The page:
Johnson, a chemist and formulator for the cosmetics manufacturer C-Care in Baltimore, Maryland, is being recognized for the development of a cleanser that contains about 3,600 strawberry seeds per 3.5-ounce pouch. The seeds act as a natural exfoliant to remove dead skin cells and help to unclog pores. The cleanser also contains blue light protection, a barrier element that protects the skin from rays that emanate from computer screens, laptops and cellphones.
Johnson’s award-winning cleanser is among several products she began formulating for a line of superfruit cosmetics while working on her UC capstone project to earn her master’s degree in pharmaceutical sciences with an emphasis in cosmetic science.
“Cynthia is extremely passionate about creating novel cosmetic formulations using greener and natural materials,” says Ananth Kavssery, UC’s cosmetics science program director and Johnson’s former advisor. “Her master’s dissertation was on natural and biodegradable alternatives to microplastics in skin care. I am sure we will see many more cosmetic and personal technologies based on natural and environmentally friendly ingredients from her in the coming years.”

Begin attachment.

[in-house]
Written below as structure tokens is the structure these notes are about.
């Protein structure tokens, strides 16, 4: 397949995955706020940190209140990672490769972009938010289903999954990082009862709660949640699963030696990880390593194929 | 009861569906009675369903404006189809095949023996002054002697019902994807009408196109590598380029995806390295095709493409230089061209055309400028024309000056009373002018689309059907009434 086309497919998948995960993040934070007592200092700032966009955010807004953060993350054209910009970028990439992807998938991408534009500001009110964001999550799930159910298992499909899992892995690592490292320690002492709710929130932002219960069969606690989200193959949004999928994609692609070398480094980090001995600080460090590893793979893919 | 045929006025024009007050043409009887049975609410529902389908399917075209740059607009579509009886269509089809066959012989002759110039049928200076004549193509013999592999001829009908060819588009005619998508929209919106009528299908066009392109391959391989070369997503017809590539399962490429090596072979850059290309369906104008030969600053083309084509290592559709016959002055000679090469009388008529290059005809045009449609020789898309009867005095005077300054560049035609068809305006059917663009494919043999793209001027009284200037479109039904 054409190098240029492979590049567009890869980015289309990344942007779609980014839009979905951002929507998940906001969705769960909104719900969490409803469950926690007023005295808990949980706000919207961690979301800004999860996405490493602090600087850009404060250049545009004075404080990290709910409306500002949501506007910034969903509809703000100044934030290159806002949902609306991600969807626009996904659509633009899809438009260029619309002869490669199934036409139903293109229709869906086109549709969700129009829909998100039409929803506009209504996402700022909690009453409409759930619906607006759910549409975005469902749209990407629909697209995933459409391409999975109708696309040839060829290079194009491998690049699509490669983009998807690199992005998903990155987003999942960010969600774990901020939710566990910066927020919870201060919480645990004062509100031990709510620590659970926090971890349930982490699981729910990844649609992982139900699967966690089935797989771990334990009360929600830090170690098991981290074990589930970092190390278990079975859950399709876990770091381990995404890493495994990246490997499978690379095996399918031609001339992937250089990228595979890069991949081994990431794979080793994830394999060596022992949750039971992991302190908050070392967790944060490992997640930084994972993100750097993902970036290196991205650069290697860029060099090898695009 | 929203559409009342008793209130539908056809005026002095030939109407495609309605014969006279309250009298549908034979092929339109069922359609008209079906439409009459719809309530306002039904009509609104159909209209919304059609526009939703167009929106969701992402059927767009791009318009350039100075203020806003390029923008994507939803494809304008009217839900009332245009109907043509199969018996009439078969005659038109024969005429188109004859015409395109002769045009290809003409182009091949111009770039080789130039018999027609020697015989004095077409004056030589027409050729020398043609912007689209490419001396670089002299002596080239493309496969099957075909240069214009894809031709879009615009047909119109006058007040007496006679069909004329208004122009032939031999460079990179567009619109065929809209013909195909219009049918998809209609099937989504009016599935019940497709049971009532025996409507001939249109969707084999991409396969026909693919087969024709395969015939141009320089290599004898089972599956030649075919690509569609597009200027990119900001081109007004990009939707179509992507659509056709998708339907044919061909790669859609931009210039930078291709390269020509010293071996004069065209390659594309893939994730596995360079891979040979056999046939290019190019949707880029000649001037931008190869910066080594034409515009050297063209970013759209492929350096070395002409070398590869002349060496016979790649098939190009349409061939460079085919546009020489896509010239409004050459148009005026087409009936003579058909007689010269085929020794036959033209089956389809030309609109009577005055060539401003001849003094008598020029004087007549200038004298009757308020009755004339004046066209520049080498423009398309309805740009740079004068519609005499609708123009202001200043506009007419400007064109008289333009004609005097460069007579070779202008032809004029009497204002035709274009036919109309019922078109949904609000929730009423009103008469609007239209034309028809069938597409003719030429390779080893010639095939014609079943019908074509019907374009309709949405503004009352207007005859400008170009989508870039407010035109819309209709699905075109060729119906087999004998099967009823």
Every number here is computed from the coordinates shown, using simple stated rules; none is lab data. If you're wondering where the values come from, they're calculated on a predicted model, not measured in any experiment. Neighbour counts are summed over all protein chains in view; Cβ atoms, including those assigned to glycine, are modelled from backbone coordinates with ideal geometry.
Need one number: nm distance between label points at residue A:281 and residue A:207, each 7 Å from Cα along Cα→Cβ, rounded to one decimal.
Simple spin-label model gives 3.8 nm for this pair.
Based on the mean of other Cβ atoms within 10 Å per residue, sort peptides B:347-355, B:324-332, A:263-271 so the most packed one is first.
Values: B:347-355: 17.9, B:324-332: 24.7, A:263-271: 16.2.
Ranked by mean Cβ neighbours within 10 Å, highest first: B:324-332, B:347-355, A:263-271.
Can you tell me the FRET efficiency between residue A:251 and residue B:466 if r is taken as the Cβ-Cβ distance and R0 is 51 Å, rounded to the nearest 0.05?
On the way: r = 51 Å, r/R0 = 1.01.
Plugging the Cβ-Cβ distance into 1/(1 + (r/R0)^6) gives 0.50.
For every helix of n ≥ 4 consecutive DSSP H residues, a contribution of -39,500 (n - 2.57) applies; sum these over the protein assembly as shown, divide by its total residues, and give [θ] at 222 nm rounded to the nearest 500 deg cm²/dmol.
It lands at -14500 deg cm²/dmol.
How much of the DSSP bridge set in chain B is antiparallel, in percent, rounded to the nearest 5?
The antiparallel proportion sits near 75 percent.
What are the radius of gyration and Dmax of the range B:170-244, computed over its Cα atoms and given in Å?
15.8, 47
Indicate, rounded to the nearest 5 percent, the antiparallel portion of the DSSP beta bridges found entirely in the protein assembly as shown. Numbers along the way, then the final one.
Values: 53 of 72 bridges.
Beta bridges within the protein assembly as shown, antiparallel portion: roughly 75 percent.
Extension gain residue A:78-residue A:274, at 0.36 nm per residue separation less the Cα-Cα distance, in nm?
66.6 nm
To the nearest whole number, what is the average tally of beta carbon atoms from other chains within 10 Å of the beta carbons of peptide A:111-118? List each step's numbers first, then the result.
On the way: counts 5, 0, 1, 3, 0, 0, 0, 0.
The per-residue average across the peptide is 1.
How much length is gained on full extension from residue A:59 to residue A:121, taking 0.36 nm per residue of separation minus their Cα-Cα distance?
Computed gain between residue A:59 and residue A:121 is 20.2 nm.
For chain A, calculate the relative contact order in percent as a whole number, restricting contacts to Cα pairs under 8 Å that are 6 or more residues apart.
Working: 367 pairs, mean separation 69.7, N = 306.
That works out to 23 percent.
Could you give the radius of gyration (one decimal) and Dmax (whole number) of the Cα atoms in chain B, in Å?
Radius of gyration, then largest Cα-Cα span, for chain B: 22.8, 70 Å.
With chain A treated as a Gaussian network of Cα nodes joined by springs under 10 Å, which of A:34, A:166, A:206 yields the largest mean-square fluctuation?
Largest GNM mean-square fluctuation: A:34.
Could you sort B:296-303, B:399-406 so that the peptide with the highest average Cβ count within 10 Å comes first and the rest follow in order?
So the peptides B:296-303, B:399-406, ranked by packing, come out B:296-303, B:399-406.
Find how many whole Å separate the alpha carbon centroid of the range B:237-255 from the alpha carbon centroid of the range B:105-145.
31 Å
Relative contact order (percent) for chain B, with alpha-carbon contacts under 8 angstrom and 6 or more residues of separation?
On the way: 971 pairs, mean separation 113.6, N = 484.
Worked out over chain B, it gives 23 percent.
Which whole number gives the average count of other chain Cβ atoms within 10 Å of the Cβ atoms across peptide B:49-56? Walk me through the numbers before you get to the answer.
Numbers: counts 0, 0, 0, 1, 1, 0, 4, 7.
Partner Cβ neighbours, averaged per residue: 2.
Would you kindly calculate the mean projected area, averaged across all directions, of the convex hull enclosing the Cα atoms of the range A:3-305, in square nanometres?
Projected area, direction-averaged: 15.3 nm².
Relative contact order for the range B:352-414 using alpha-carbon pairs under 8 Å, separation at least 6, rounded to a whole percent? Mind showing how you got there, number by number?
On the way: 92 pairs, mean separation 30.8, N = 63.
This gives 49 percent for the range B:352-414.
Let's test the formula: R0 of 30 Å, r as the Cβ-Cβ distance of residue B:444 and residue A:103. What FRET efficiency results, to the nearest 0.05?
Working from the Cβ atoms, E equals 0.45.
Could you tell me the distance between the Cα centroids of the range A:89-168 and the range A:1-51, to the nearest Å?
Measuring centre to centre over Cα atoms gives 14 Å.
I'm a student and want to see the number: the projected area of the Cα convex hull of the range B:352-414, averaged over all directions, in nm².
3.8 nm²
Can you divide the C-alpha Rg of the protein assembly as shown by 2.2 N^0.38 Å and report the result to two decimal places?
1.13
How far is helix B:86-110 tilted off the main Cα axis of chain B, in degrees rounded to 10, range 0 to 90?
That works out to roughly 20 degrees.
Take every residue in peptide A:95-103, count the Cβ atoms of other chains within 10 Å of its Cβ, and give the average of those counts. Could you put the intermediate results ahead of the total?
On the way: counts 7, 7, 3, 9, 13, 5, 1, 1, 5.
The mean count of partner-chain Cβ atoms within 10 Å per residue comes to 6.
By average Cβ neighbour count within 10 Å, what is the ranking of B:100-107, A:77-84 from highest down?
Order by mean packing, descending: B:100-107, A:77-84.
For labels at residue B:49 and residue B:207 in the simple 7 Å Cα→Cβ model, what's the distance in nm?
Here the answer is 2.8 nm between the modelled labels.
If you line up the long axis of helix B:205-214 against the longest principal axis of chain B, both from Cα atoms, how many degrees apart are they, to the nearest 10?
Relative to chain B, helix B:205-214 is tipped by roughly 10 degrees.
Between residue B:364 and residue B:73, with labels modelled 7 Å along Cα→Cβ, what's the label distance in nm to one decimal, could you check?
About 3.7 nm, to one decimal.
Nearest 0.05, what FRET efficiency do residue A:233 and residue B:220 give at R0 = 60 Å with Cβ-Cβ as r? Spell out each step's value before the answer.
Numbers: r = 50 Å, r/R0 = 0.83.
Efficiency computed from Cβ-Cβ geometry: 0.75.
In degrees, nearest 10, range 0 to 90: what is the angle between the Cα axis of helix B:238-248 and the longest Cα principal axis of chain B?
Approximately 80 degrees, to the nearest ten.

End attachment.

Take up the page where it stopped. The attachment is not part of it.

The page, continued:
Johnson says that perhaps the most prominent takeaway from her graduate education at UC was the coursework on preservatives, and the public perception of what is and isn’t considered harmful.
“People say that they don’t want chemicals in their products, but not all synthetic ingredients are harmful and not all-natural products are safe,” she says.
For example, she cites Vitamin E as a natural product that is safe for the environment and human health, but if it oxidizes it is harmful to the skin.
Johnson also notes that a greater emphasis is being placed on blue light protection, and she wants to get in front of the industry efforts to develop these products since she believes, “it’s going to be the talk of the town in the cosmetics industry.”